The need for fresh air and light in buildings is something I’m often talking and writing about because it’s central to creating a good home, but the theme is nothing new. I was reminded of this when I recently visited the King Edward VII Estate, near Midhurst, West Sussex. Here, the former sanatorium is being converted by City & Country to provide 162 apartments and houses within the Grade II and Grade II* listed buildings.
Built in 1901 as a specialist tuberculosis hospital, it was officially opened by King Edward VII on 6 June 1906 and heralded as ‘one of the three finest buildings of the time’. The design for the hospital and its grounds was undertaken by an important triumvirate of the day: Charles Holden, Percy Adams and Gertrude Jekyll – a partnership linked to the Arts & Crafts Movement.
When the sanatorium was designed it was celebrated as a significant advancement in the treatment of the sick. Rest, relaxation, fresh air and light were seen as equally important to medical intervention in the treatment of patients, so the buildings and surroundings were designed to ensure that these benefits were fully available.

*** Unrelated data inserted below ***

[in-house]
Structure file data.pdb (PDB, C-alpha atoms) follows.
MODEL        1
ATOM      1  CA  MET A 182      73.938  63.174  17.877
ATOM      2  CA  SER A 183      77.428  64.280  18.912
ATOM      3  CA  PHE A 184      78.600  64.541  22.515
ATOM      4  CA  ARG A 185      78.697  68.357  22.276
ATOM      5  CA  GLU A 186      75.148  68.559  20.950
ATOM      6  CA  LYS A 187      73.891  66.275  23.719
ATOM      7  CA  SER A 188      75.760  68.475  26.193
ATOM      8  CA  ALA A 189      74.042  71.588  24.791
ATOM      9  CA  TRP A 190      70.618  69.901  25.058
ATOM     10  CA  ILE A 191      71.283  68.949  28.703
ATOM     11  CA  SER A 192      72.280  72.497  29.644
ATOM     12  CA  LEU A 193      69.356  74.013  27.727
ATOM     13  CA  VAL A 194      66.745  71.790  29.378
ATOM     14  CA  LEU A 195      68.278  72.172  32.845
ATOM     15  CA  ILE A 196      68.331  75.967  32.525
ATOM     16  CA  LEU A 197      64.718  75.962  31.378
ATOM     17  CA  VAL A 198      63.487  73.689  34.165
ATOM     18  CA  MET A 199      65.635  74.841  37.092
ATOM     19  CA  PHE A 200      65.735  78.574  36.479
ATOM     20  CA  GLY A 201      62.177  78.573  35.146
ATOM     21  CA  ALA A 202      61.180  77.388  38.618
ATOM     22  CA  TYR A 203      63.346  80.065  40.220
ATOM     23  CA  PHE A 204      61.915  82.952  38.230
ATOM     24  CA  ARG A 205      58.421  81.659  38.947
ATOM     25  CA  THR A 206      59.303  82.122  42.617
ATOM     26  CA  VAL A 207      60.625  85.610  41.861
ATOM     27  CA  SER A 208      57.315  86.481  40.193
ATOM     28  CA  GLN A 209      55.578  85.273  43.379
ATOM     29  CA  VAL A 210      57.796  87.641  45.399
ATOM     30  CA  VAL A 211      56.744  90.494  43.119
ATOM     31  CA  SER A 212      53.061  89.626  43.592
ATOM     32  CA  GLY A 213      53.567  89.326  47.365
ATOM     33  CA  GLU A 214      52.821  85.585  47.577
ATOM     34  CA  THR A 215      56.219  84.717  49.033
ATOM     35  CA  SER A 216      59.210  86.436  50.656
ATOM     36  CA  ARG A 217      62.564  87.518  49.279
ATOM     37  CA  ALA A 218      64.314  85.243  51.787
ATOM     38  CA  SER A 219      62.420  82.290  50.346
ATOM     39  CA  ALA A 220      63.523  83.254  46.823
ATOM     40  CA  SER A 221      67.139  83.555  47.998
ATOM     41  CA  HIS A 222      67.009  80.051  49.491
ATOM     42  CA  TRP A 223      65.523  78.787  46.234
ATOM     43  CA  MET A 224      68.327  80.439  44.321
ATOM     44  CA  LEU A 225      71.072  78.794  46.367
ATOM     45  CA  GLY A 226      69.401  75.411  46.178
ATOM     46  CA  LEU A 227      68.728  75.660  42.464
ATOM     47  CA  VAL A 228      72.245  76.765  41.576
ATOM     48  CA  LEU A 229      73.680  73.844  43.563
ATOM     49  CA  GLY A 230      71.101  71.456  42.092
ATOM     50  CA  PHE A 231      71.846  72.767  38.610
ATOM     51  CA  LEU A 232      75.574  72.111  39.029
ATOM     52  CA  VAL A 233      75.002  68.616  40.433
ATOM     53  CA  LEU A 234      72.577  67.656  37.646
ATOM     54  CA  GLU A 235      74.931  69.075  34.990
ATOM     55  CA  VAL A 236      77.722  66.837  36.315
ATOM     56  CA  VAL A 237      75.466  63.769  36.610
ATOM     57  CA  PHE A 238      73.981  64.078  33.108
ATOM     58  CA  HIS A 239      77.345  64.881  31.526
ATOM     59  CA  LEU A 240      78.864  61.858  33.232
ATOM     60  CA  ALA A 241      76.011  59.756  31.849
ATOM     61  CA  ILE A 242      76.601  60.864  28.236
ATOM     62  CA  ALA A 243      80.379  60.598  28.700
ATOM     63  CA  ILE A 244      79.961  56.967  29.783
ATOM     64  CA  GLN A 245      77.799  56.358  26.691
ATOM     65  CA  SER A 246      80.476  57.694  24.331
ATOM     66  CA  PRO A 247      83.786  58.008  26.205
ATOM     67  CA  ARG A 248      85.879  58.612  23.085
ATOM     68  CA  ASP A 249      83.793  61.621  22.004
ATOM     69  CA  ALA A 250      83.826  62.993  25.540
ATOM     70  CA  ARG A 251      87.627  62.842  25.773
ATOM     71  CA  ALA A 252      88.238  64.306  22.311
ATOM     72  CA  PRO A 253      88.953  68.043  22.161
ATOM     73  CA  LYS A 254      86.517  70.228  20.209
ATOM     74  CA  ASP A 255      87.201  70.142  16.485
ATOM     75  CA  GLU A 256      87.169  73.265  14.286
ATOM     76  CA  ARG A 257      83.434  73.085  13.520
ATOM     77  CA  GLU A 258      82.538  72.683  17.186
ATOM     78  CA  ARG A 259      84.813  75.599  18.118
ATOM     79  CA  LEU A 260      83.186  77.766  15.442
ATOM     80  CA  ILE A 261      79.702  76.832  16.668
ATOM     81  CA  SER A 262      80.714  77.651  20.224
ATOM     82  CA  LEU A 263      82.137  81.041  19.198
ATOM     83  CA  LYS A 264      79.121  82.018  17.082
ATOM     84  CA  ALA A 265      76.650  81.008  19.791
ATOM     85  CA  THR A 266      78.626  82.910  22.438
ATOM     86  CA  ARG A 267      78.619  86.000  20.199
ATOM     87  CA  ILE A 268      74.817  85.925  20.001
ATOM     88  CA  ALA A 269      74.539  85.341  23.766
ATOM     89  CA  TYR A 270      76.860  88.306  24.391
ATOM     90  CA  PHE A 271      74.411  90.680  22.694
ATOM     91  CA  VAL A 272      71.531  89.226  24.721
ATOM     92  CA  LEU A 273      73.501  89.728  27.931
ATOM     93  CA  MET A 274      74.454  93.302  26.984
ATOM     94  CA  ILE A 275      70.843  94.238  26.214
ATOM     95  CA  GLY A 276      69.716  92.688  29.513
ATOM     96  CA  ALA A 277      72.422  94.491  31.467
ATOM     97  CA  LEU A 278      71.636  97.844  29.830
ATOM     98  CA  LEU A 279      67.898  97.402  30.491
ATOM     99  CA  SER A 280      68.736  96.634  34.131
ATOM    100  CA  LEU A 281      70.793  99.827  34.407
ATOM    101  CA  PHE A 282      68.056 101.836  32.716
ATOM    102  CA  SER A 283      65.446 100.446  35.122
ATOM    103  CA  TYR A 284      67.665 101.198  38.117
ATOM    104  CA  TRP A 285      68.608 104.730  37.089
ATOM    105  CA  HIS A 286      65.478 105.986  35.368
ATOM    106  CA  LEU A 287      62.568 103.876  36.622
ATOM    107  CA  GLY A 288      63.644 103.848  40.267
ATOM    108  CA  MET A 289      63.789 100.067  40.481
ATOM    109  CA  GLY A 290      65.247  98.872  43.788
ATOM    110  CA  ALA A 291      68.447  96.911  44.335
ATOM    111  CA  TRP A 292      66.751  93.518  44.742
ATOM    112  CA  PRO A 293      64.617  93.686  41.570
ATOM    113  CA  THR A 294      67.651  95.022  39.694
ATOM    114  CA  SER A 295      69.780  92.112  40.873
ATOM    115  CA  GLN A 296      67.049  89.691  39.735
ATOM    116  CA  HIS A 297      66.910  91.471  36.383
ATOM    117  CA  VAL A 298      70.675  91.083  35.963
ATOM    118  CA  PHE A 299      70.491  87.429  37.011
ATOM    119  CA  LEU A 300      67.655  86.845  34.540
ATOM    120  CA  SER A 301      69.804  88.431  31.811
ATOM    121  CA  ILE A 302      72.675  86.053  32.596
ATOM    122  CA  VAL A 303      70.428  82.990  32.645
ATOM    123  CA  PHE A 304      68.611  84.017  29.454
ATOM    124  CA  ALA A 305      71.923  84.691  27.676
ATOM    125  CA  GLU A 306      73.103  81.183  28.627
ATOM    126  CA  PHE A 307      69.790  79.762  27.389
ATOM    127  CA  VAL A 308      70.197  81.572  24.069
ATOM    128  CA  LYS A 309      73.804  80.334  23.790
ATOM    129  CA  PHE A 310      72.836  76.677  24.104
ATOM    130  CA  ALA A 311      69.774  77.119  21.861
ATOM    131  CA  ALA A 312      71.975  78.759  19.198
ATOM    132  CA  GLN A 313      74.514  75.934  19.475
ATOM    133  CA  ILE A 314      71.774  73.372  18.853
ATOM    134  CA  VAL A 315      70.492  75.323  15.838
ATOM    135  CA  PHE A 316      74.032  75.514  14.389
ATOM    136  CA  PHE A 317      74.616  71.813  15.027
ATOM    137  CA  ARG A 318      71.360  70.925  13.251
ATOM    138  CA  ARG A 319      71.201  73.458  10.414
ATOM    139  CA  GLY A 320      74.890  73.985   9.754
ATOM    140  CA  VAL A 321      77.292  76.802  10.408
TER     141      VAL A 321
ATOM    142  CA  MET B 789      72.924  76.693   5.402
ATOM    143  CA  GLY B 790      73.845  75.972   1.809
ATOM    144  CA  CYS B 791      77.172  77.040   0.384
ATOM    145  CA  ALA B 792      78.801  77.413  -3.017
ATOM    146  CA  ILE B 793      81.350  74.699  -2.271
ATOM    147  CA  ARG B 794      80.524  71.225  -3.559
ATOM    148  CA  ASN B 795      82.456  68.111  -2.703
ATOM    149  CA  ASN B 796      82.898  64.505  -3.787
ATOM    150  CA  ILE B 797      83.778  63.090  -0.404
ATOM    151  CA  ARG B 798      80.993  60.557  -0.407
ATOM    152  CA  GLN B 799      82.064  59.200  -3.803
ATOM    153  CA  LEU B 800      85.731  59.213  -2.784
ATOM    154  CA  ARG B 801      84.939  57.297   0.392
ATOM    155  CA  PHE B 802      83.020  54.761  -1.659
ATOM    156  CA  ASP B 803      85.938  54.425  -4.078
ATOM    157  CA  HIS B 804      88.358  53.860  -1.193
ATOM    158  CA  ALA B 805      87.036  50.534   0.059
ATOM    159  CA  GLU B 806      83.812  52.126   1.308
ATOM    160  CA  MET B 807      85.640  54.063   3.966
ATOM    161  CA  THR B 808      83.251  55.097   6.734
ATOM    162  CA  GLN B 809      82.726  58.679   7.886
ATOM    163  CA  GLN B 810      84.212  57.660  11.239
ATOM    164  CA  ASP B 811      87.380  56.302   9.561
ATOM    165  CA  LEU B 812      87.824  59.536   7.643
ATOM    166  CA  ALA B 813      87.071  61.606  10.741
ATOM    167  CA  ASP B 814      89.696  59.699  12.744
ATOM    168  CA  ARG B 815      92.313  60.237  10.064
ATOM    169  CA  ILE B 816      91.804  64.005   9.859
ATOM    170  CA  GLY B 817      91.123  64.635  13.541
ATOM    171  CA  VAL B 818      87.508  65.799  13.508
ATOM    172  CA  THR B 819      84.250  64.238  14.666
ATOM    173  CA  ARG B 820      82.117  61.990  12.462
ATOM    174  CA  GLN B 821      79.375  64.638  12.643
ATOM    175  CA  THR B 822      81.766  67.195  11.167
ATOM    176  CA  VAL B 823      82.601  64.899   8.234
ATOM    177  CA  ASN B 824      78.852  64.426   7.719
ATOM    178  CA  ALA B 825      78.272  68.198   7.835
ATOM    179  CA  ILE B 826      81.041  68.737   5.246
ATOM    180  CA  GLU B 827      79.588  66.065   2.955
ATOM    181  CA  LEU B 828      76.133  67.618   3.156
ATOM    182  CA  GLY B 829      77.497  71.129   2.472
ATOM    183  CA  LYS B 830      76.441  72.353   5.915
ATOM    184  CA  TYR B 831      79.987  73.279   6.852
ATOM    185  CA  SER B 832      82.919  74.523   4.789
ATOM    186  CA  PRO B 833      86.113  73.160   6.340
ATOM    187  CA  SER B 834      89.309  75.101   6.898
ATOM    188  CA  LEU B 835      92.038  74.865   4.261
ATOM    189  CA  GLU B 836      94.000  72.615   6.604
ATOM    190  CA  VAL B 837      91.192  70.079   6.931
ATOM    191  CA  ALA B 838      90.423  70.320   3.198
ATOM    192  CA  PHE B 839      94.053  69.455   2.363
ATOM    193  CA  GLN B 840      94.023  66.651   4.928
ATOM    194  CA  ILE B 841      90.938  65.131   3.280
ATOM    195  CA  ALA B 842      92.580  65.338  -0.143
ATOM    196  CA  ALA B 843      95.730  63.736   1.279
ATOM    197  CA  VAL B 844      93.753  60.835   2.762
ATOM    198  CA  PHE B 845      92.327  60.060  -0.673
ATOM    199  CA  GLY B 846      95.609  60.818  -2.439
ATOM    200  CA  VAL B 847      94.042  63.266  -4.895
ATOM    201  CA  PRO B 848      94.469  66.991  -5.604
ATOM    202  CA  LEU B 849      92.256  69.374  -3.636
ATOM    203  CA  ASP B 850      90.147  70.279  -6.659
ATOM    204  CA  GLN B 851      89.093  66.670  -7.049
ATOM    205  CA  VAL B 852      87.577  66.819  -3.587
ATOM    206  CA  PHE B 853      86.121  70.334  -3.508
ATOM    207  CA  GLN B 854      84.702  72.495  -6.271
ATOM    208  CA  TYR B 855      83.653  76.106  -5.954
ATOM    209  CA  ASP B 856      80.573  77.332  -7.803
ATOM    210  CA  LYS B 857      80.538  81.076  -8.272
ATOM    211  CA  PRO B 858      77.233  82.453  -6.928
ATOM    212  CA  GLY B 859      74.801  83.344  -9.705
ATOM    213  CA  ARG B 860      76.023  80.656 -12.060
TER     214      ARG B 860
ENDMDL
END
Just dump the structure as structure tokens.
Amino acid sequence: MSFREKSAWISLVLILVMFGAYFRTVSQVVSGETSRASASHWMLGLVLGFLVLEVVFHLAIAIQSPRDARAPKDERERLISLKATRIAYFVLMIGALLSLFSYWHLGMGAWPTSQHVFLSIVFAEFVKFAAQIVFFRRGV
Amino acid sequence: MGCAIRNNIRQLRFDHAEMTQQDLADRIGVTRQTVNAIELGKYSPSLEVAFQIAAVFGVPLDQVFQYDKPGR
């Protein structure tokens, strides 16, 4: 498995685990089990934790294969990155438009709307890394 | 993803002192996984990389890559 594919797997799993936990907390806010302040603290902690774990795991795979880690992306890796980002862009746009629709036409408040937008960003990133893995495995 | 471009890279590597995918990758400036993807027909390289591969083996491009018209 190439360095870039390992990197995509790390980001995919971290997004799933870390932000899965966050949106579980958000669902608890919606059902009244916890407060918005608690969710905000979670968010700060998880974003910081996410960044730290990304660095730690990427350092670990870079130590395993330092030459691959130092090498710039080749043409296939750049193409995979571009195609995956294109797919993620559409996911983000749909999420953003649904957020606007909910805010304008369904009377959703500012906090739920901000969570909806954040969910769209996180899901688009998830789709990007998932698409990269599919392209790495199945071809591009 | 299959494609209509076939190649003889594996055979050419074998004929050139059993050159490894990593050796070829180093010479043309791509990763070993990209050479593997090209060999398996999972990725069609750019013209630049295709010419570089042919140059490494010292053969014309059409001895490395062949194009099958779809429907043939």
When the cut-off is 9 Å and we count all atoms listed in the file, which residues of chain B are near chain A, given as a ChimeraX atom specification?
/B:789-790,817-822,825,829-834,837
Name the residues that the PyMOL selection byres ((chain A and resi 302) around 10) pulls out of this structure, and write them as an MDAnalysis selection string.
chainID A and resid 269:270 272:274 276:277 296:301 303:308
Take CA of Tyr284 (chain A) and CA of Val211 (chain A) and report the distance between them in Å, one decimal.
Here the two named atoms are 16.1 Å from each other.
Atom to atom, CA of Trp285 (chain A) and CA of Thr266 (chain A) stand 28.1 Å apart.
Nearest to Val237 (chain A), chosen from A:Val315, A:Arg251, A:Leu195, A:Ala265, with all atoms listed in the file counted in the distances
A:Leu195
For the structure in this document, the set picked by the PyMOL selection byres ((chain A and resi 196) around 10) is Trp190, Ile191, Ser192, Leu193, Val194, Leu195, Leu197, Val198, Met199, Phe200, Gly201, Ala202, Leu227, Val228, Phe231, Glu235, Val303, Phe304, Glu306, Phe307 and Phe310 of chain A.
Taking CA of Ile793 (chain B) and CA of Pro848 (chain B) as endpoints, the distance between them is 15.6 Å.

According to a piece published in The Times recording Edward VII’s visit: “The main block is devoted entirely to the patients, each of whom has a separate room with a balcony on to which the bed can be wheeled if necessary, the upper storey being set back in order that the balcony for this floor should not interfere with the light and air of the rooms below”.
The patients could also benefit from the ‘therapeutic gardens’ which form part of the 165 acre estate that now lies within the South Downs National Park. The grounds included ‘Measured Walks’ so the medical superintendent could prescribe “the right walk with proper gradient for each degree of lung power”. The gardens were designed in 1906 by Gertrude Jekyll, the acclaimed horticulturalist. Importantly, she worked closely with Percy Adams to allow the integration of the architecture and gardens.
Much of what the original designers set out to achieve lives on in the homes and communal spaces that have been created. Later, poorly executed additions have been carefully stripped away to reintroduce the original feeling of space and light and, coupled with the detail and history of the place that has been retained, the conversion is an exemplar of how, through thoughtful design and attention to detail, old buildings can be adapted to provide good homes.